MCRRC: Seneca Greenway Trail Marathon. This is a point-to-point race with an option to do a 3.5 mile loop in the middle. Called a marathon and 50K, it is really about 34 miles for the 50K
and 30.3 miles (this year) for the marathon
. I knew I wasn't ready for the extra distance and set out to do the marathon.
In 2012 I put in some regular training for a few months and was in decent shape, somewhat ready to tackle the 50K option of this trail race. The weather that winter was warm and my job was not as busy so I trained well and I had a better base to begin with. That year, they started at the high point in Damascas Regional Park, MD and finished near Riley's Lock on the Potomac river. They ran the reverse this year (and last year), however this year, they started at Poole's General Store, Montevideo Rd., just off of River Rd. which shortened the course about 0.6 miles. My training last winter on paper looked good but I didn't feel I was ready enough for the event and I decided 2 weeks before the race to not do it. My training and starting base this winter is worse than either of those years but something drove me to run the race and be a weekend warrior anyway. Perhaps it was desperation as I've been getting slower and slower rather quickly. The idea to do it this year was brought-up by David Onkst as a way to get trained for the World ROGAINE Championships this summer, so that had helped motivate me too. Dave, fresh off of healing his shoulder from a fall at the end of 2013, decided not to run the marathon today.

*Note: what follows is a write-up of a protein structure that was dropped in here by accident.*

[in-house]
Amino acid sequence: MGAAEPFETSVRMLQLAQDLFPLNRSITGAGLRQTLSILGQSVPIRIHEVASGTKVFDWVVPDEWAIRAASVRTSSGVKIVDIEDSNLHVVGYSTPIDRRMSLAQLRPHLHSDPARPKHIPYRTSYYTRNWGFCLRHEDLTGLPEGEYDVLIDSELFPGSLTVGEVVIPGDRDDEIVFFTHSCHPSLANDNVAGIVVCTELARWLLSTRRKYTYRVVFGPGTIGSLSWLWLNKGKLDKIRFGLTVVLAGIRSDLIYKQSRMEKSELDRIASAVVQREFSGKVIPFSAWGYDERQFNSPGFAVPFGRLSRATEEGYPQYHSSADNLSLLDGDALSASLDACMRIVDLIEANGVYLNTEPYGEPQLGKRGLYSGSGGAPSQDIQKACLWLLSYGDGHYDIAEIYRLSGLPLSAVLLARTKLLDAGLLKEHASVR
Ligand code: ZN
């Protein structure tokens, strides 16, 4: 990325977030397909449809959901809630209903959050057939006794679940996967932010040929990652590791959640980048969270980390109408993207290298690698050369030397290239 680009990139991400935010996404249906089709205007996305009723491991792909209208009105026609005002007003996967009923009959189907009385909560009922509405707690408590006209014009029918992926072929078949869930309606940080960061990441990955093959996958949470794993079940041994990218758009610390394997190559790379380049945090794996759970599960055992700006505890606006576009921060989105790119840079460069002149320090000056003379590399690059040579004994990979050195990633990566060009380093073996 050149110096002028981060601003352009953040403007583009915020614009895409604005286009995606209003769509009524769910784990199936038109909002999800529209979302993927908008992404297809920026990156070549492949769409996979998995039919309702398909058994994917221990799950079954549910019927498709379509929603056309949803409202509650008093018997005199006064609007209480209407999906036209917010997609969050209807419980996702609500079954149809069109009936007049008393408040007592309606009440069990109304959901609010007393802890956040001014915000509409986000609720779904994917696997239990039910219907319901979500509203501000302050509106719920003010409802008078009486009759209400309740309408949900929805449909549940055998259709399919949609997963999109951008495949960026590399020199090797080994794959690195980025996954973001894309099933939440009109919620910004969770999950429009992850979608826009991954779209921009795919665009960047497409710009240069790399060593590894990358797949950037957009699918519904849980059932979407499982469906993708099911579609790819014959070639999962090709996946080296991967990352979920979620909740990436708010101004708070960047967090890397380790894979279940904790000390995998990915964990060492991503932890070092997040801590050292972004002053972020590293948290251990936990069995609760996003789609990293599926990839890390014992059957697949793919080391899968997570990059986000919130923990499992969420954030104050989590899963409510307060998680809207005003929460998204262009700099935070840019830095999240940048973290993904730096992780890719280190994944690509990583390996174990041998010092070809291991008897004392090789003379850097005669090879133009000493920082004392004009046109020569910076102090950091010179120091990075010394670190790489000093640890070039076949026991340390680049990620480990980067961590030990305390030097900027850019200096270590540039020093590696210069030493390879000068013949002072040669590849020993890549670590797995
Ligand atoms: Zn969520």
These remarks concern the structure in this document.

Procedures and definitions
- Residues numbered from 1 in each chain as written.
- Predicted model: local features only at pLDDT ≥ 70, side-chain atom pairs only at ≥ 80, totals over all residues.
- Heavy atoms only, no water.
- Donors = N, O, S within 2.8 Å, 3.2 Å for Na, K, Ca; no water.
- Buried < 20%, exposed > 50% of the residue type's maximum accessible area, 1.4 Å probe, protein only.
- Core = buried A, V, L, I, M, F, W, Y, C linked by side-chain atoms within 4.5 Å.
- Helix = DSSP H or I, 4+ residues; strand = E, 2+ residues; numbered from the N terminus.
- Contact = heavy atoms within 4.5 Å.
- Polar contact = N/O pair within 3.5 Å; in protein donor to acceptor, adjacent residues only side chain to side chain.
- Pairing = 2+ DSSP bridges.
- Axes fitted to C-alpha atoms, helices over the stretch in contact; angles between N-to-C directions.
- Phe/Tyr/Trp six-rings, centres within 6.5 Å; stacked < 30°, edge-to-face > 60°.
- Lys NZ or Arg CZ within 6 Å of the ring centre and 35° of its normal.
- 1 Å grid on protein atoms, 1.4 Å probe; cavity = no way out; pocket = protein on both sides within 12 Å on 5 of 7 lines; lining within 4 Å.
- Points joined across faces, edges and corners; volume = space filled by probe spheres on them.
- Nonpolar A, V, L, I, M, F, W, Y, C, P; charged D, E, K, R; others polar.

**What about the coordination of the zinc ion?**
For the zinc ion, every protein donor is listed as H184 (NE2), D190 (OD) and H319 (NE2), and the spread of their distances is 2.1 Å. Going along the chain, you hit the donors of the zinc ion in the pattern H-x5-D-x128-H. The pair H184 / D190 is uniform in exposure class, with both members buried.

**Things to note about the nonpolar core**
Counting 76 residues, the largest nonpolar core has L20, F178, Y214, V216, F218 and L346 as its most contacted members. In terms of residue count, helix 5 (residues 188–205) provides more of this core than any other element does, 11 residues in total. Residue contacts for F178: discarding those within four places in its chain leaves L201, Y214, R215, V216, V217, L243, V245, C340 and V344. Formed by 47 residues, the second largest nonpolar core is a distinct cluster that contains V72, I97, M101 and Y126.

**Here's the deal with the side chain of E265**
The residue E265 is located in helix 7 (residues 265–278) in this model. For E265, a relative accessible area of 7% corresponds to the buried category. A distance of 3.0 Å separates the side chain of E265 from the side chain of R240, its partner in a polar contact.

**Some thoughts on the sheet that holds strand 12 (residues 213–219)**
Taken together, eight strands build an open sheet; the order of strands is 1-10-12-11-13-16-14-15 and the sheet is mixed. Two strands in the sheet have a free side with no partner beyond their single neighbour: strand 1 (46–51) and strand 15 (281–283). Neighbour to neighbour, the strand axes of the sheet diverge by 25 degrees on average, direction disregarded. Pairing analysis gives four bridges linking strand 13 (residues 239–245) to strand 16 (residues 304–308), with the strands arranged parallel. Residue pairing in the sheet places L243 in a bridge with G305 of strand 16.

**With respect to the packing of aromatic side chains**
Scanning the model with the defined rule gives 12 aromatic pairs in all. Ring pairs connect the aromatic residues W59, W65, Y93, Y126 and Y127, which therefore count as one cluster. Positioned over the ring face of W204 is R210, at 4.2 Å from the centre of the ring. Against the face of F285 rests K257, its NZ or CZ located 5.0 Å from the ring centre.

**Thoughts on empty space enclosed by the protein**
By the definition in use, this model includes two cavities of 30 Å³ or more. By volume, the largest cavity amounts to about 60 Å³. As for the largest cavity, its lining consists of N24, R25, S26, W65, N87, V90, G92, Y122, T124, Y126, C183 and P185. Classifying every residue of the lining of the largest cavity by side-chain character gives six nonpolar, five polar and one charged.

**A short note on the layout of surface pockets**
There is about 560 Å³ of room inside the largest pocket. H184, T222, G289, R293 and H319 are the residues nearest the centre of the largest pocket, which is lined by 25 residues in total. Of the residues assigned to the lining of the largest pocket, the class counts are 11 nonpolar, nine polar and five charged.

The big factor this year was the snow, ice and mud. I'd seen one guy whom I later sat next to on the bus wipe out as he walked across a basketball court to the start. It had snowed about 7 inches 6 days before the event--that's a lot for around this locality; 2-3 inches of it remained. I didn't know what to wear, right down to my shoes. The morning temperatures were about 26 F when I caught the bus from Damascus to the start at 6:50am. It was 57 F when I finished. I thought to wear Ice Bugs with spikes because of the snow but was worried from how my feet felt 3 hours into the ultra-long event last weekend. My Solomons were so heavy in the mud when I last ran the Muddy Branch Trail. Ultimately I picked the Solomons. I didn't wear my nylon sweat top since the sun seemed strong at the start. I just had a long sleeve tech shirt tights with shorts underneath, and gloves. The one new item I tried and turned-out to be helpful was "waterproof" socks. The socks did work most of the way and probably saved me a lot of trouble--my toes were not numb like at so many orienteering events run in the snow earlier this winter. My Camelbak had about 25 ounces of Gatorade, a lot of Gu and other odds and ends.
I started very near the end of the pack because I needed a bathroom before going. This got me stuck behind people in the first 3 miles or so before things thinned-out. I would speed up off trail when the vegetation allowed, to get around groups, then settle-in to the group pace again. My first 10 minute miles were slower than I would have done with an open trail, but this was not necessarily a bad thing; I started too fast in 2012. The first 2.5 miles to Berryville Rd. were hilly and there was walking as the groups hit obstacles like tree trunks, streams and bridges. People were worried about falling. I was glad that things were frozen still from miles 2.5 to 6 (at Rte. 28). There was also less snow/ice. Some of the muddiest section of the trail are traditionally there. I ran a few 8 and 9 minute miles and was sweating a little. I kept moving up in position until the first aid station.